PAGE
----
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Dear Auto Advisor, My husband is a “do it yourselfer” and wants to fix my 1996 Cadillac. The problem seems to be that the battery goes dead when I need the car the most. So far this week I have been late for work twice, one more time late and I am unemployed. The battery is new and the alternator is working according to the parts store. Please tell me what I can do to solve this problem. Jackie O.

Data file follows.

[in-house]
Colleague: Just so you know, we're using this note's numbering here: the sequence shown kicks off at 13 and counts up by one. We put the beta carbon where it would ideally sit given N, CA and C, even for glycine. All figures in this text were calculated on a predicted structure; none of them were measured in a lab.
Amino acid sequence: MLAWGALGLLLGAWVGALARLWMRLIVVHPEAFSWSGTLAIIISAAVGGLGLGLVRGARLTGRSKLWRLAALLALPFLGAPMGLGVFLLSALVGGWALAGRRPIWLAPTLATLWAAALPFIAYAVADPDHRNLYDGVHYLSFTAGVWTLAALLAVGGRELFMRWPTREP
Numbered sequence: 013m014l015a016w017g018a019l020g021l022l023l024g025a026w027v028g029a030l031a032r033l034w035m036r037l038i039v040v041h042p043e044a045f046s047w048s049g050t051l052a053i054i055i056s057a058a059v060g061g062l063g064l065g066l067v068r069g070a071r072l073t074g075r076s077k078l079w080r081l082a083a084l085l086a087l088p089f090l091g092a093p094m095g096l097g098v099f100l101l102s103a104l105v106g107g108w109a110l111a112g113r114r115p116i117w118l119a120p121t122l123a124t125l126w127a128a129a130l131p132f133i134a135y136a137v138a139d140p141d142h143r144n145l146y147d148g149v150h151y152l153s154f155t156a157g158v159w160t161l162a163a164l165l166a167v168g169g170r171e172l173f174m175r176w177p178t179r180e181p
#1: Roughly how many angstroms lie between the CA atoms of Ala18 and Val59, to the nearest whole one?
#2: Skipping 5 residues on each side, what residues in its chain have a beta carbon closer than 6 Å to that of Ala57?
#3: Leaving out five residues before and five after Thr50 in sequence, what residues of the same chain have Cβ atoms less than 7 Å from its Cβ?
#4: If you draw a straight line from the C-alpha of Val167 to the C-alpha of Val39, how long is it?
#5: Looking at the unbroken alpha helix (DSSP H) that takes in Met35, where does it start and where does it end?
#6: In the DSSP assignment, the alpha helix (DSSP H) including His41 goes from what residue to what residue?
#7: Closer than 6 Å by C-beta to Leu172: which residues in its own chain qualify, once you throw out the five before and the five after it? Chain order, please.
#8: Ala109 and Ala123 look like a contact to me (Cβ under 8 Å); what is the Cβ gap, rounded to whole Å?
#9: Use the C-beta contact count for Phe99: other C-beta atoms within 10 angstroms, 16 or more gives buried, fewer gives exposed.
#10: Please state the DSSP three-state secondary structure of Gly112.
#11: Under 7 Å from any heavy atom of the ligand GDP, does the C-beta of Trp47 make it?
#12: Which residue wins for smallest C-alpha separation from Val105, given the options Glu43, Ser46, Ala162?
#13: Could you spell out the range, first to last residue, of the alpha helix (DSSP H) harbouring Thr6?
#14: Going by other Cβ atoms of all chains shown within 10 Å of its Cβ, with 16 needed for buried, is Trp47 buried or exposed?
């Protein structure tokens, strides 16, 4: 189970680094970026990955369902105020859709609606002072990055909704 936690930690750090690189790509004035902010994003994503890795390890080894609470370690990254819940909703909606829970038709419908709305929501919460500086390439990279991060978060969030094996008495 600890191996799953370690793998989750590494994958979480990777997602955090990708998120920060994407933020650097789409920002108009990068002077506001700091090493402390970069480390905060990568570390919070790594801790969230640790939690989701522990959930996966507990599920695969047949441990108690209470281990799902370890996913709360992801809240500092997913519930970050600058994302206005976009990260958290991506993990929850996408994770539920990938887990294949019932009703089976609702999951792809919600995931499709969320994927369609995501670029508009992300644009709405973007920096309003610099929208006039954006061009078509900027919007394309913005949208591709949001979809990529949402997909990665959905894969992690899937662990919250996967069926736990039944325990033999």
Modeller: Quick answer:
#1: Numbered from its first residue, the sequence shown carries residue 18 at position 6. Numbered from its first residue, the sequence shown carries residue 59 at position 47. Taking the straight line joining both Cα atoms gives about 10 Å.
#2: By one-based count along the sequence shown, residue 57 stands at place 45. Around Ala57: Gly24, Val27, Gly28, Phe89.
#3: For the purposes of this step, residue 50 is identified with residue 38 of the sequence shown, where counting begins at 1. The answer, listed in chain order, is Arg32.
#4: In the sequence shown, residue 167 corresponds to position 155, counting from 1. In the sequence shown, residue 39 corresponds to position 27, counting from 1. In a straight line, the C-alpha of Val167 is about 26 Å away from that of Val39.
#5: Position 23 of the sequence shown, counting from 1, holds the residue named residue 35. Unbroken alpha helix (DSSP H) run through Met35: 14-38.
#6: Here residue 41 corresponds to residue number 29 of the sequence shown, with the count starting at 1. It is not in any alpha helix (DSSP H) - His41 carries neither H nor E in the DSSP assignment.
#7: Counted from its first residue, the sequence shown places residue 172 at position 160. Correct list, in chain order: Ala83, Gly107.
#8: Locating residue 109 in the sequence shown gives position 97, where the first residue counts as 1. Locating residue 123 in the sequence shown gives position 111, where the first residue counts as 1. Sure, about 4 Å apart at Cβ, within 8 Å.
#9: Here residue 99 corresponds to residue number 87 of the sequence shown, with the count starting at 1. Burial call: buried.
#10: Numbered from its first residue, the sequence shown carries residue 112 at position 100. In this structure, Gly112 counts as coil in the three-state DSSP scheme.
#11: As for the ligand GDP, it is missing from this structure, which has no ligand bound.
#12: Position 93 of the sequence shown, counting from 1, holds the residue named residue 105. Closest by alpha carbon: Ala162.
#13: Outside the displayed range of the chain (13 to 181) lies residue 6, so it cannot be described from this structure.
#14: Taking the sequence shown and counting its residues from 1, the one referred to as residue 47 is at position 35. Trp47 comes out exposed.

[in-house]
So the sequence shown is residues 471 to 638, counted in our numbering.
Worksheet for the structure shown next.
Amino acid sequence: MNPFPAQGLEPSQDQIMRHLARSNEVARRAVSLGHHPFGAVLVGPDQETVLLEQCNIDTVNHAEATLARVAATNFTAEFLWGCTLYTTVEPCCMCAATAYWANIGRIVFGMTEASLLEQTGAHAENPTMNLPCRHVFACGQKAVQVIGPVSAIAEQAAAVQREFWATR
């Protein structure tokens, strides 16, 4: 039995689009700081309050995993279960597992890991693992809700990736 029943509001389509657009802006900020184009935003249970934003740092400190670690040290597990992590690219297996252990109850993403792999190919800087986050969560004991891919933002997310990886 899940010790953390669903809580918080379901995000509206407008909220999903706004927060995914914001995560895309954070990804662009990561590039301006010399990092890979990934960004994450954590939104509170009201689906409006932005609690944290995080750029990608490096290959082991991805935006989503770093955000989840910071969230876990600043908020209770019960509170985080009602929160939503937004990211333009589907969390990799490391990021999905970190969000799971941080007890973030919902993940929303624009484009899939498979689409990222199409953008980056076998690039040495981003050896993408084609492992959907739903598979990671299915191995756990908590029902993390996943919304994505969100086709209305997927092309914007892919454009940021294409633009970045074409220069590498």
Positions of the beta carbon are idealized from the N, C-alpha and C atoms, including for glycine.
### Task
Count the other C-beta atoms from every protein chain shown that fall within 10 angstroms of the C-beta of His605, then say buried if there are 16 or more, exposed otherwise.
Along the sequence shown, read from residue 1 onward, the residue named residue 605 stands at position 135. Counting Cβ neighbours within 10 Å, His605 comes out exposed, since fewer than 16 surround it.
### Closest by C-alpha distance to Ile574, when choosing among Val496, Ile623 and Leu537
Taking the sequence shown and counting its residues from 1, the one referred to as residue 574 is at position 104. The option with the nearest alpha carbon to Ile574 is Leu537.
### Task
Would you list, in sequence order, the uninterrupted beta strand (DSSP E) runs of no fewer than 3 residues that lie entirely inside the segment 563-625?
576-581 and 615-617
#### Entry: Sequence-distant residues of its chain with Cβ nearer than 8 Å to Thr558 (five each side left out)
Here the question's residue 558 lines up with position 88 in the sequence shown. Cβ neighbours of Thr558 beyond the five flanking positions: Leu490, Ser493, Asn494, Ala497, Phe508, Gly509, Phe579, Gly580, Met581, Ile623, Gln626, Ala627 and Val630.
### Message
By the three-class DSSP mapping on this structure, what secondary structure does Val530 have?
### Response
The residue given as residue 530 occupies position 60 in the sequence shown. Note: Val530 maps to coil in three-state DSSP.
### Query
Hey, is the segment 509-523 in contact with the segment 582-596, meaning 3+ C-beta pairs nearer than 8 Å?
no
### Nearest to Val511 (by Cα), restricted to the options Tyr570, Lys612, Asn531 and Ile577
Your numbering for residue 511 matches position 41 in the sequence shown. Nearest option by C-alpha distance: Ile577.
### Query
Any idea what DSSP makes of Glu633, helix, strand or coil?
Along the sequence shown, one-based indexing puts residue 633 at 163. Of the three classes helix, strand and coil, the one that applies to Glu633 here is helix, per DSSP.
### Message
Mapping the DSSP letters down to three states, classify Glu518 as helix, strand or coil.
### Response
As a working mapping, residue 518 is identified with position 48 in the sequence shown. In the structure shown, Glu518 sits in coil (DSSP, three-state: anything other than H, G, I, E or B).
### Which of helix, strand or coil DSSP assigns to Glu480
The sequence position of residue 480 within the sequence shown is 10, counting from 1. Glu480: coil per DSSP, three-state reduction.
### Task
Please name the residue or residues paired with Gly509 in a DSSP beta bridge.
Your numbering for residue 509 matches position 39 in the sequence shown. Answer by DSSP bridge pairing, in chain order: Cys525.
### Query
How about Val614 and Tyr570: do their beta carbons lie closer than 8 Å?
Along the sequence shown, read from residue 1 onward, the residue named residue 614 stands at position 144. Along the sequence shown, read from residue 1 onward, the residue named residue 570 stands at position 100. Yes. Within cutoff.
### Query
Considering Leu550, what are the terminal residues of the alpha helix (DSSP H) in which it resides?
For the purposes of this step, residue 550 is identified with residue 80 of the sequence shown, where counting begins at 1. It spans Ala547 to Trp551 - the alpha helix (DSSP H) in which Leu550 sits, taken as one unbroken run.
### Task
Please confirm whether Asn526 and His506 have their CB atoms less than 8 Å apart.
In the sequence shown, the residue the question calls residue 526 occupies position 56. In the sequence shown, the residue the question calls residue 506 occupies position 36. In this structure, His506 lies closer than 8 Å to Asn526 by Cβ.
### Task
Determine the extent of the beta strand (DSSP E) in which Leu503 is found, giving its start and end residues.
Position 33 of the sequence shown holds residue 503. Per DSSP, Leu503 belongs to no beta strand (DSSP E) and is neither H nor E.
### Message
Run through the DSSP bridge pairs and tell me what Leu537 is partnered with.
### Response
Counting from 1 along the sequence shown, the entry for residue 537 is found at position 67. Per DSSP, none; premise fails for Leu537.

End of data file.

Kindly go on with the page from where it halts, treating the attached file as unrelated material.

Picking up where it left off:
Jackie, having a car not start is not a good thing in our society. Having a car that is dependable is a valuable asset. Having one strand you is a liability in your life and creates way too much drama. What I am going to suggest is for you to seek professional help (automotive professional help). Having a new battery and a good charging system is only the first step. More than likely you suffer from a “parasitic drain” on your battery. This can be from the air ride suspension coming on in the middle of the night. Or any number of reasons that may cause this condition of a dead battery. To prove that the car has a parasitic drain that is causing this problem you will need to make sure that you have a fully charged battery that reads 12.65 when you shut the car off at night. (If your husband does not have a digital volt meter he will need to get one) Now you need to disconnect the battery for the night. The next morning you will need to check the battery voltage again. It should read the same as it did the previous night. If the car battery voltage has dropped, say to 11.5 volts. Then the new battery is defective. If the voltage is still 12.65 then you have a parasitic electrical drain on the battery. To find this problem you will need to find a shop that can isolate the problem circuit. The shop you find should have a low amp clamp and a lab scope and the ability to reprogram the computer if needed. I know from experience the acceptable drain on your battery should be 50 milliamps or less after everything on your car has “timed out”. If a shop only uses the old tried and true “test light method” then they are not keeping up with today’s electronics. It takes more than 500 milliamps to make a test light “slightly glow”. 500 milliamps will drain a battery down in about 2 to 3 days if left alone and not driven. Hopefully I have not confused you and this will help you figure out your problem. If I have confused you, come by my shop and I will hook up my lab scope and tell you if you have a parasitic drain or not. That part is free, finding the parasitic electrical drain is another story. Live long and prosper. James Morris


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